Re Middle Eastern threats, the United States should focus much more on securing its own borders to keep terrorists and much less on defeating them on foreign battlefields – let alone on “fighting their ideology” by encouraging economic development and democracy. The region’s massive dysfunction on every conceivable level (including the cultural) will keep practically guaranteeing that new jihadist or other extremist forces will replace any that are crushed militarily, and that reform efforts will go exactly nowhere.
Further, by now it should be clear to any fair-minded person that the United States has more than enough energy to marginalize the power of Middle East oil producers over its economy and the world economy. And if you don’t like fossil fuels, let’s work harder to boost the use of alternatives. Finally, as with North Korea, America’s own deterrent is the best counter to any Iranian nuclear threat to the U.S. territory. (And for those concerned with Israel’s security, the Jewish state of course has its own nuclear capabilities.)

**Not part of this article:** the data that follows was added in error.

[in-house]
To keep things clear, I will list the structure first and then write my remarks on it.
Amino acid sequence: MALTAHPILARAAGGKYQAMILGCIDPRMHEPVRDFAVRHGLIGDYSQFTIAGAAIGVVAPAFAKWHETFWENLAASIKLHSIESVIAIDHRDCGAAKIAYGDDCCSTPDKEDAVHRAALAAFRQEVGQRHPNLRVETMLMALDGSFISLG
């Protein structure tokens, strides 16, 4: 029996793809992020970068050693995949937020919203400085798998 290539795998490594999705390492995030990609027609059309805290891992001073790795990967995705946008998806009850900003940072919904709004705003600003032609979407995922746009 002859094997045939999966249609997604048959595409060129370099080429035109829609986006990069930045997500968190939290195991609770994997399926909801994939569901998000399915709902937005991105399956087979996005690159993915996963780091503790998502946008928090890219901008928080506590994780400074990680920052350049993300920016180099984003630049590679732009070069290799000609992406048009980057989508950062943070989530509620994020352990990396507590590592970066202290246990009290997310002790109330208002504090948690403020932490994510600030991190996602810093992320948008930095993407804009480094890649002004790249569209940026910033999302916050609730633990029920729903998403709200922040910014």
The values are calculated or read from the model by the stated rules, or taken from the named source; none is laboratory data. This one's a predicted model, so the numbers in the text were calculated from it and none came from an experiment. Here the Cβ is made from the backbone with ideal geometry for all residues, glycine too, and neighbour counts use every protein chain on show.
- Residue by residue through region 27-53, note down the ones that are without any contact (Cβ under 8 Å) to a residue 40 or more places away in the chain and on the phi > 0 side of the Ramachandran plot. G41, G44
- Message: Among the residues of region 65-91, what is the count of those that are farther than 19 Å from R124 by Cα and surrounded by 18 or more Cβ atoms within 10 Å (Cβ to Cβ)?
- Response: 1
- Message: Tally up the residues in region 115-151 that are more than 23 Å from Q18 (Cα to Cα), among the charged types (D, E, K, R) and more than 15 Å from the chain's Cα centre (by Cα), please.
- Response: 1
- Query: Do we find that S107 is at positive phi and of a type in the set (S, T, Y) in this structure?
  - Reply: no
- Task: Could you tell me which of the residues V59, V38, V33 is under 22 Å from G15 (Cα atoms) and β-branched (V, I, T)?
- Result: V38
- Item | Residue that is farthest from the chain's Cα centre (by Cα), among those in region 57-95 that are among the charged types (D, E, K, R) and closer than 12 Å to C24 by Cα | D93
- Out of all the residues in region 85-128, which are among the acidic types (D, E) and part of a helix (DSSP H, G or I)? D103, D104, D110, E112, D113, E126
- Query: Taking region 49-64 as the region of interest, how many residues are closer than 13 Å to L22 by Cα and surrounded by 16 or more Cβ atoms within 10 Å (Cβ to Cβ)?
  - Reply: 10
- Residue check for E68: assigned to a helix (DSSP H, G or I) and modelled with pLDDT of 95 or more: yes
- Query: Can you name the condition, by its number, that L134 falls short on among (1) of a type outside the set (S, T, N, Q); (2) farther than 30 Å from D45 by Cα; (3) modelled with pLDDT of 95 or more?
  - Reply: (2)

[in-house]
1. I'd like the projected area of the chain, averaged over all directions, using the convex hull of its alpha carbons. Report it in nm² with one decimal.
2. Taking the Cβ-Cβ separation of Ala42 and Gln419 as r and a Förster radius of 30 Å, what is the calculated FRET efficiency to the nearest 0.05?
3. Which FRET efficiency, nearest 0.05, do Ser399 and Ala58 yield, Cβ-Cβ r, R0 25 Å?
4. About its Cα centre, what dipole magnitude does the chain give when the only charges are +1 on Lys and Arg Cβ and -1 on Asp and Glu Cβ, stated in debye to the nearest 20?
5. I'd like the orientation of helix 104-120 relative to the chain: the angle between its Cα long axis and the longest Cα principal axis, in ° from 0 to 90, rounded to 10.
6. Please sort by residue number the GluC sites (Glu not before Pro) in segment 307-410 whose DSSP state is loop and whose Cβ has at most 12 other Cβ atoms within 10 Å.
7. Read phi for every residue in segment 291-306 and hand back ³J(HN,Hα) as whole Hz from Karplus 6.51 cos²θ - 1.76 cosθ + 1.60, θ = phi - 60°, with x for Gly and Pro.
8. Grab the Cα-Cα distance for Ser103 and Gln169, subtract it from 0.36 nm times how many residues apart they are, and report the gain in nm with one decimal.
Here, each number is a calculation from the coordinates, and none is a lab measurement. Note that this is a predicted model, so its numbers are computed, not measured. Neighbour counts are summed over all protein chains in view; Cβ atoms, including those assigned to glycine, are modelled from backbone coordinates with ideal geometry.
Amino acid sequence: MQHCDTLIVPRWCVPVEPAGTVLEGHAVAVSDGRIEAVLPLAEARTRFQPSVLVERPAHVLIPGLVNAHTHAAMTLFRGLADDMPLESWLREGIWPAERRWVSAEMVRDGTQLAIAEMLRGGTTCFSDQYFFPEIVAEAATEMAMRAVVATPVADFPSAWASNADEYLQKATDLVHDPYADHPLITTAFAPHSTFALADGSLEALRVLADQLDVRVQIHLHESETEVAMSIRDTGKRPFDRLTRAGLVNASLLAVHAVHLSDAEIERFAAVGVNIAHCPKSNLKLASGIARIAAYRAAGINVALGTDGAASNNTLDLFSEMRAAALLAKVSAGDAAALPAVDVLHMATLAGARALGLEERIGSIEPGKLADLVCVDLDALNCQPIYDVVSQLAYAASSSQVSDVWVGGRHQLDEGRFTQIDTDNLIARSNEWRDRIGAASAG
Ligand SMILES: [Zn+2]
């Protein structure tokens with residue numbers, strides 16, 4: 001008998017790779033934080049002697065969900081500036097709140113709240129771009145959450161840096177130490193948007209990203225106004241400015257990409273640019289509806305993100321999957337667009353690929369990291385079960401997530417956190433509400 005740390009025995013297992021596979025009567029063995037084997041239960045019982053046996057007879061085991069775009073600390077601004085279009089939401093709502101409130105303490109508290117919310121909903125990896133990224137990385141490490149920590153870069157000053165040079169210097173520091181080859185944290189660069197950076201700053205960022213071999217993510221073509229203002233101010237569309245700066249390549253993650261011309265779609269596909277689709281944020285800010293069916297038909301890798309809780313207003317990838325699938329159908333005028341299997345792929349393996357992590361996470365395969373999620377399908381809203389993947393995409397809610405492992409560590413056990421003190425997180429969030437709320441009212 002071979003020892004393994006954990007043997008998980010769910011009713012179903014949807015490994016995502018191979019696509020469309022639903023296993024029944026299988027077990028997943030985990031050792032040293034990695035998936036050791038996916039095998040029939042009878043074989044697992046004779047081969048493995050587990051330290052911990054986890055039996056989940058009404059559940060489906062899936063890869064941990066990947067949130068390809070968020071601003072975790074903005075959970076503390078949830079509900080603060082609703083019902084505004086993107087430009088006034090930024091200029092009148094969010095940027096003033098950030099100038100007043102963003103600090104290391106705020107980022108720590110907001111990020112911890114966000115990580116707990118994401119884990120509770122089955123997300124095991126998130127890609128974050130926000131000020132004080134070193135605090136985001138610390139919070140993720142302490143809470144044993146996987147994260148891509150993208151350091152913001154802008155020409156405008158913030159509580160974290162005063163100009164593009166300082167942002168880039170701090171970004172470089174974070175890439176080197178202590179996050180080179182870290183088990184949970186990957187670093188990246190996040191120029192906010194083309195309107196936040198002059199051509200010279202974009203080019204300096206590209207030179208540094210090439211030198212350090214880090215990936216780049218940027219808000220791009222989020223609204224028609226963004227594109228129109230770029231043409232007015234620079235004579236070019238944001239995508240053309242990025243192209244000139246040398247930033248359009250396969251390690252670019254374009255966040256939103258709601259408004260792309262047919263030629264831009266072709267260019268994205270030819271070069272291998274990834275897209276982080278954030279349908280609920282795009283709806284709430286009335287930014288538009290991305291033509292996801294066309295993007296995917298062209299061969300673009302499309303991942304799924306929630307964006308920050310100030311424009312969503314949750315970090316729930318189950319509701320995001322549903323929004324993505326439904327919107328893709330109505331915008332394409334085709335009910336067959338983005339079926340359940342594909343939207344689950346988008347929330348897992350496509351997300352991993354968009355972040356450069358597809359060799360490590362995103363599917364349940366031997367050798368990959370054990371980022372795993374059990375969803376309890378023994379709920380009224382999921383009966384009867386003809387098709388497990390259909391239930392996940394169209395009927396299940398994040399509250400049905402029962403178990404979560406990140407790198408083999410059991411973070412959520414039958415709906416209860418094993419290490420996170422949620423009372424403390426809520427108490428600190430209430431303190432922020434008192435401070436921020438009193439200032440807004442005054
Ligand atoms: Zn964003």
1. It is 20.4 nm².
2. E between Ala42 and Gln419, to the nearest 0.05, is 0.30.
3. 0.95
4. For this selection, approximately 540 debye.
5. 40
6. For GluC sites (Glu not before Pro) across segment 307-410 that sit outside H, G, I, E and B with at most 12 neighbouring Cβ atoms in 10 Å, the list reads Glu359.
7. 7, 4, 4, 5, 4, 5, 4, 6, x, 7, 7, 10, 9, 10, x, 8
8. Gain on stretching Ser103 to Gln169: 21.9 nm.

The point here is not that any of these more domestic focused substitute strategies will be easy to put into effect or accelerate. The point is that they will be far easier to put into effect or accelerate than their more traditional counterparts, principally because America’s government, society, business community etc will have much more control over these measures than over events abroad.
During this first year of the Trump administration, no one should be the slightest bit surprised that establishmentarians like Feldman (and The New York Times‘ Landler) can’t even conceive that America’s foreign policy is stuck in a box, much less that it’s increasingly and dangerously obsolete. But President Trump ran in large measure as a foreign policy disrupter, and on many critical issues displayed impressive iconoclastic instincts. Why he hasn’t acted on more of them is one of the biggest mysteries of his presidencies so far. It could also be one of his biggest regrets.